They are an odd collection. An accumulation of small objects grouped together in no particular order on the base of my Muji lamp to the right of my computer. This in turn stands on the old headmaster’s desk (rescued from a private school being demolished in London’s NW2 in the 1970s) that I write on.
Some of the objects are relatively new. A few have been here quite a while, having made the journey from Japan to Scotland in 2013.
All, I suppose, are associated with luck. The good kind of luck, not the bad, which I would not wish on anyone.
It’s a phrase we use without too much thought, a kind of useful tool to help others on their way, in the everyday, in life itself: Good luck!
Every culture has its own form of similar encouragement. In France, a near literal interpretation: Bonne chance.
In Spanish-speaking countries, Bueno suerte.
In Swahili, Bahati njema.
In Japan, it’s more complicated. (Most things are.) Never use the phrase Kouhn wo oinori shimasu face-to-face, and only when addressing a stranger or acquaintance; it’s too polite for common usage. People would laugh, I’m told.
Address a friend about to take an exam, Gambatte kudasai. If calling to a parent off to start a new job, Gambaryro! Neither imply luck of any kind, but rather are an encouragement to endure difficulty. Typical Asian pragmatism.
The English word luck is defined as fortune, good or bad. Not physical fortune (ie a pile of gold coins), but one rooted in the metaphysical. It’s connected to fate, destiny. We reach out into the unknown and, touching wood (something I do near instinctively), pray for the best. (I’m trying to keep hope out of my vocabulary, having a dubious and even negative context.)
I asked my Japanese husband if he believed in luck and he said no.
“Because it’s silly.”
But Japan is a very superstitious country…
“Yes, but only because we learn to be, from education, from our family…”
His mother, aunt, uncle, grandmother were all superstitious, he said, wasting so much time and money on palm-readings, clairvoyants, talismans and charms.
“They relied on them in life. None of them took responsibility for their own good fortune, made something of their lives. They were all disappointed.”
An extreme? Maybe. But with a good point. That maybe we need to make our own good luck, rather than expecting it to manifest via unknown, unseen forces.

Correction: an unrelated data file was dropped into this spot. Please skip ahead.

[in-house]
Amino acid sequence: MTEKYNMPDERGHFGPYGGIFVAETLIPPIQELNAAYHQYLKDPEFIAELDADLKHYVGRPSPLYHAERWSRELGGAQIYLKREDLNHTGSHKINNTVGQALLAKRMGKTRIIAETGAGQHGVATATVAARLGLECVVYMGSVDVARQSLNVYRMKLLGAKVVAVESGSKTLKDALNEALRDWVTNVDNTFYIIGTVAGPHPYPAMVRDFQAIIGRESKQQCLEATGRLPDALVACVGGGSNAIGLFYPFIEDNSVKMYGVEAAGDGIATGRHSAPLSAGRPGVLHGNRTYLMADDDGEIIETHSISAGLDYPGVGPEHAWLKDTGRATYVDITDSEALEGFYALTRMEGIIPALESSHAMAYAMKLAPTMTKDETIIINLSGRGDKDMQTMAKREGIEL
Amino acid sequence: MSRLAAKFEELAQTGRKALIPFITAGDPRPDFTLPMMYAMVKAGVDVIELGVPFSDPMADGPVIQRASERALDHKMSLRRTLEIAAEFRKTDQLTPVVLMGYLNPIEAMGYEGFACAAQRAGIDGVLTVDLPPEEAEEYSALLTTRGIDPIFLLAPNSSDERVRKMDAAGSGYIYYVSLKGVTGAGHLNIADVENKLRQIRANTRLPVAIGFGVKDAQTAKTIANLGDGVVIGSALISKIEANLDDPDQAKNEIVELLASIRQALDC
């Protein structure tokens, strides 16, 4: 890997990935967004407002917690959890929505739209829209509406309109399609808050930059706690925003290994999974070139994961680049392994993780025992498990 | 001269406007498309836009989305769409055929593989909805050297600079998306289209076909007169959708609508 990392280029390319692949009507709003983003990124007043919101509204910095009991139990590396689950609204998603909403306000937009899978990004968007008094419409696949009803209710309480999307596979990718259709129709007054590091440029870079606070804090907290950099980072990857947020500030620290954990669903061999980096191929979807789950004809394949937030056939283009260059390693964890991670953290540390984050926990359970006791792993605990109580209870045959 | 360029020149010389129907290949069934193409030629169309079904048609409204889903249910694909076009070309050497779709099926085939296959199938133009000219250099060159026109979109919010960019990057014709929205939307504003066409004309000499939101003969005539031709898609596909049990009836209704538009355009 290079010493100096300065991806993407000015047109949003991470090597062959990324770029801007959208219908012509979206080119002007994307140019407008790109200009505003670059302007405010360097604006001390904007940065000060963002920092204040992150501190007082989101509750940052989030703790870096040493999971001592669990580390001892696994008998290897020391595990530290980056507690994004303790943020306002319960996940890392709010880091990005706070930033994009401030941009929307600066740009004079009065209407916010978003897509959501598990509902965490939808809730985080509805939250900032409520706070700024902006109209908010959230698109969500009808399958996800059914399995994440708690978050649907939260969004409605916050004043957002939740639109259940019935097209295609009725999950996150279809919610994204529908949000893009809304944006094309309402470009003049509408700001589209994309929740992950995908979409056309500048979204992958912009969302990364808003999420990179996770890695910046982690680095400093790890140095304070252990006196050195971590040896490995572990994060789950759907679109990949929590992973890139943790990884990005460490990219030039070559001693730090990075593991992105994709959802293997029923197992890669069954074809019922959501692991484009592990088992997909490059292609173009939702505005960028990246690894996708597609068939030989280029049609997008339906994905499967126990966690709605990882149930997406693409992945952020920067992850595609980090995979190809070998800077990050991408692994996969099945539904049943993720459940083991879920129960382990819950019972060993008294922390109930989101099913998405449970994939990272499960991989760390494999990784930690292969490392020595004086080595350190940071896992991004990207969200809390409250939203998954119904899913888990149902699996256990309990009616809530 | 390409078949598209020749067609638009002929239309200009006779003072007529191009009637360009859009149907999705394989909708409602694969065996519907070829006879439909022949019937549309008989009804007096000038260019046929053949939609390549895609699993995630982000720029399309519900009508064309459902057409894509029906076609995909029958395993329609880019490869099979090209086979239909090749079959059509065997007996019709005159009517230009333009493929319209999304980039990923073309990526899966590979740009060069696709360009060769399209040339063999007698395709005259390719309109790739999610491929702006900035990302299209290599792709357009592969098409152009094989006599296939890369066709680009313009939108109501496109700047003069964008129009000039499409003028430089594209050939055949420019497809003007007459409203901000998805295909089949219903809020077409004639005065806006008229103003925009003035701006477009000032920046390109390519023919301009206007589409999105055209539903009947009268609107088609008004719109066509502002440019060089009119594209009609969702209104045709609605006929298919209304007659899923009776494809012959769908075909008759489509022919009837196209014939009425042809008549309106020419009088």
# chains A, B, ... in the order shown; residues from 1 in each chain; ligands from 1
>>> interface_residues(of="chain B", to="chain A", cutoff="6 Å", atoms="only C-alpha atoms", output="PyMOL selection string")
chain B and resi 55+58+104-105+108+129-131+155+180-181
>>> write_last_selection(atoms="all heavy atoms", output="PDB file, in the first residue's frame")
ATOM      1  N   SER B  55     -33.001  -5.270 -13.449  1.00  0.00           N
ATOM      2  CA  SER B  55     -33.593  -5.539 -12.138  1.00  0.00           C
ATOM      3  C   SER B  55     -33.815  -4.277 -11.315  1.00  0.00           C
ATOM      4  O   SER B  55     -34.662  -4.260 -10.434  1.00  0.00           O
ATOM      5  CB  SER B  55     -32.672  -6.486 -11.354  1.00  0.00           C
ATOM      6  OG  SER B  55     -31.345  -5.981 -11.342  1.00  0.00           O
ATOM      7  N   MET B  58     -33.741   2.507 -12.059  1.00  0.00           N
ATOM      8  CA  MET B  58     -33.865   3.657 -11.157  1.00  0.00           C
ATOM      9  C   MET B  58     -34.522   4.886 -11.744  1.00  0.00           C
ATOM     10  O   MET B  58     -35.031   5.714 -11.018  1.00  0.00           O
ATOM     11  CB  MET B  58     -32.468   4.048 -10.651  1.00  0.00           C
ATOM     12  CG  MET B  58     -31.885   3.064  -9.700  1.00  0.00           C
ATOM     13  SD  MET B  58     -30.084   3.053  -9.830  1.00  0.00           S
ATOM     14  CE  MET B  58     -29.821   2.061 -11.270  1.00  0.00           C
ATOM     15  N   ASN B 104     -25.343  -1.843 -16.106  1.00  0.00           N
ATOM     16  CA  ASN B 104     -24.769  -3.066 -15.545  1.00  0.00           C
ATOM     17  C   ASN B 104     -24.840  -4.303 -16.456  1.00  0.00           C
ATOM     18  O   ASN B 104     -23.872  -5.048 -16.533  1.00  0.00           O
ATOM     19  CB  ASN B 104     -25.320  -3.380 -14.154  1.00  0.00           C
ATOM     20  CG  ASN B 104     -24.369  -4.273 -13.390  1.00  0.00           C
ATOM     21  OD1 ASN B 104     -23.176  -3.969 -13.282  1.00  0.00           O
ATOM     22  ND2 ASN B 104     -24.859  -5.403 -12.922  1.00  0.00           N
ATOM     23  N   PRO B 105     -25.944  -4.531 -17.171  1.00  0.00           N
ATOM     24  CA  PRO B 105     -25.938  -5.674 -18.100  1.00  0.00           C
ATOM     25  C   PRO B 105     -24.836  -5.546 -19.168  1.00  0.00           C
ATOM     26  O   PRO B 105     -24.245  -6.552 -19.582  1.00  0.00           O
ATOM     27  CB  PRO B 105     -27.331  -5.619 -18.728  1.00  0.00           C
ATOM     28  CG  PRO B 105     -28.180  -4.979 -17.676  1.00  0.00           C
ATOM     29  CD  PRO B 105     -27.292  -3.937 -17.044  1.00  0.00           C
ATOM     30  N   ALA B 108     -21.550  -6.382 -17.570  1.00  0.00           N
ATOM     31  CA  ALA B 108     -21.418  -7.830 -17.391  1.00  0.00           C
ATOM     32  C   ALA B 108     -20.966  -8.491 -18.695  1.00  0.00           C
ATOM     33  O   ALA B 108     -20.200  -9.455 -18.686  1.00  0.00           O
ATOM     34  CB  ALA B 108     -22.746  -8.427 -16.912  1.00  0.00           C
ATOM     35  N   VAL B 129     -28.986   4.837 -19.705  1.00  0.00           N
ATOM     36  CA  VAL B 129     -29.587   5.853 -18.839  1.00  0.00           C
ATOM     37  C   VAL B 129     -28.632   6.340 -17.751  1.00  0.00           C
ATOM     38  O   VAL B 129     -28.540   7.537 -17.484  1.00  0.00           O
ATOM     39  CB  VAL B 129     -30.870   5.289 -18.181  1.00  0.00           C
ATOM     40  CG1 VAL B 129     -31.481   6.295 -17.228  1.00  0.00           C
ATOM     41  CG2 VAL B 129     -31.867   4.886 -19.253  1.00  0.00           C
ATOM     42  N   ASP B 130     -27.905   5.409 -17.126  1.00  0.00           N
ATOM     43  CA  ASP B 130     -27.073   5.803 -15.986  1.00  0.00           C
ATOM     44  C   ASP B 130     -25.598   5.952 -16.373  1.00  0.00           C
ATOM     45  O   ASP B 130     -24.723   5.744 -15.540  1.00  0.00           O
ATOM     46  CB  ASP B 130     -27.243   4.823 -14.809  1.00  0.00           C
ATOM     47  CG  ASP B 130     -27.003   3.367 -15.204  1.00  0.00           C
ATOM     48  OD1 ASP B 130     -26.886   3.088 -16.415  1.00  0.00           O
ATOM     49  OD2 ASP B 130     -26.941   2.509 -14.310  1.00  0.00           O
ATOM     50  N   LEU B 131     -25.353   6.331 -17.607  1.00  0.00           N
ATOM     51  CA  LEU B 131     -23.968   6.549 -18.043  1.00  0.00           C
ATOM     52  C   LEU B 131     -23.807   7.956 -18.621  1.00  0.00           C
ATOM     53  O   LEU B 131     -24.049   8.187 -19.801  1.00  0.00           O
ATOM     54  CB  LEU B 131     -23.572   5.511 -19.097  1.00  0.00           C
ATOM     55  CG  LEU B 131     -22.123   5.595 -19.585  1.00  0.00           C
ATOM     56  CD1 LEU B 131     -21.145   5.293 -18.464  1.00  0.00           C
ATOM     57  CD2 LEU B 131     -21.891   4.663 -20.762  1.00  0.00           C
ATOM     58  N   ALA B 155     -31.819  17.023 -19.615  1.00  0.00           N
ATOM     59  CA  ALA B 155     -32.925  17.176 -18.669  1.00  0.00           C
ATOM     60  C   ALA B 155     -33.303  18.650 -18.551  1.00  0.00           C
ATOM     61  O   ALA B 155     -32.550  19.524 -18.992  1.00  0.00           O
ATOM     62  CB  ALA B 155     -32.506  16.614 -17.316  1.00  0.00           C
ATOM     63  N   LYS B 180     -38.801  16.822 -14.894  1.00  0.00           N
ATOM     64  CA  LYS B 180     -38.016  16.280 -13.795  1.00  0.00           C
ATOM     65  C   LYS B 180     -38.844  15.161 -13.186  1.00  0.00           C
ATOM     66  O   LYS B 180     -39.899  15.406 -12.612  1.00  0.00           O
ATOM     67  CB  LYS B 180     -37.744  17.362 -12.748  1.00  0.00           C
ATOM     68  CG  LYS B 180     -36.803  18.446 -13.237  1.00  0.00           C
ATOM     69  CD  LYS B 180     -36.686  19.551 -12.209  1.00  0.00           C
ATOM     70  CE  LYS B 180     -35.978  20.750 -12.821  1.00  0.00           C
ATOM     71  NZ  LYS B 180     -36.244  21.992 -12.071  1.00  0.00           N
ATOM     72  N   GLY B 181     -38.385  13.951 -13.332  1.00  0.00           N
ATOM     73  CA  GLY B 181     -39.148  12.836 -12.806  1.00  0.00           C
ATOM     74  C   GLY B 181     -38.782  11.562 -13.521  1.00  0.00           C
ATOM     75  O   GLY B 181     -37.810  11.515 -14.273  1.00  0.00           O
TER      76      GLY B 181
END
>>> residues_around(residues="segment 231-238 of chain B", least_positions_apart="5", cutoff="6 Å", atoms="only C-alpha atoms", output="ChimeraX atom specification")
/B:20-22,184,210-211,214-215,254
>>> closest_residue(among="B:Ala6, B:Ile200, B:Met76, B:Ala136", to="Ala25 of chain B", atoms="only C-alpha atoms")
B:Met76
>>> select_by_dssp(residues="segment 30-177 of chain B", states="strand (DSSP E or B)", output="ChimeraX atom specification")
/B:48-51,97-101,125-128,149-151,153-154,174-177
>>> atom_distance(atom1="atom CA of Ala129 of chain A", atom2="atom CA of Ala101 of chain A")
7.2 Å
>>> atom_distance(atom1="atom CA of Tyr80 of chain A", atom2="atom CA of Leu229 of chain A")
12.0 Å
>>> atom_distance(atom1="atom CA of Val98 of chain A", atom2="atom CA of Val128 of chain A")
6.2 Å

Or maybe there is a balance to be found: that middle-ground again.
It has taken a while to find my own. I grew up with a mother who was so other-worldy that she found it hard to ground herself in reality. My father was the opposite: by staying in the safe zone of practicality, he missed out on swathes of possibility. Yet he was the one who wanted to take advantage of the government’s £10 passage scheme to Australia in the 1950s; she was the one who said no, fearful of risk and losing the little security they had. They were a complicated couple.
When my father wanted to cut down a rowan tree, planted as a sapling in the back garden, my mother went berserk. Rowans protected against witchcraft and enchantment, she insisted. Cutting one down would be bad luck.
I wonder if she also knew (on some level) that in Nordic mythology, it was the tree from which the first woman was created. (https://treesforlife.org.uk/forest/mythology-folklore/rowan2/)
Siding with my father through childhood, as daughters often do, I put aside such thoughts and raised my own children not to be superstitious. Or so my own daughter told me the night I flew to Buenos Aires from Toronto in 1999. It was Halloween, which Canada (having jumped on America’s pumpkin train) celebrates big time.
I was freaked, spooked, not liking flying very much anyway, and embarking on a trip that was as much about chasing my grandfather’s ghost as being rooted in any sensible rhyme or reason. I write about this experience in Chasing Shooting Stars (Amazon.co.uk), published in 2013.
But back to my desk, which has always served me well. I wonder if the initials carved into it have made their creative mark over the years? Or is it simply that I have always tried to put the desk to good use. Respected it. Loved it. Good energy is – and creates – good energy.
As for the objects, let me remind myself of how they came to be here, where they came from, how they help, if that is what they do – or I choose to believe they do.
The black ammonite – the fossilized spiral shell of an extinct sea creature – has (by far) the longest history… Azzah gave it to me years ago, after one of her visits to our house in Zushi.
(You can read about her in Chasing Shooting Stars, and Household Stories/Katei Monogatari (www.amazon.co.uk) published late last year via Amazon’s print-to-order self-publishing facility, Create Space. If in the USA, order from www.amazon.com; if in Japan, www.amazon.co.jp
If there are other links being used, it would be good to hear of them – Europe, the Antipodes, etc.)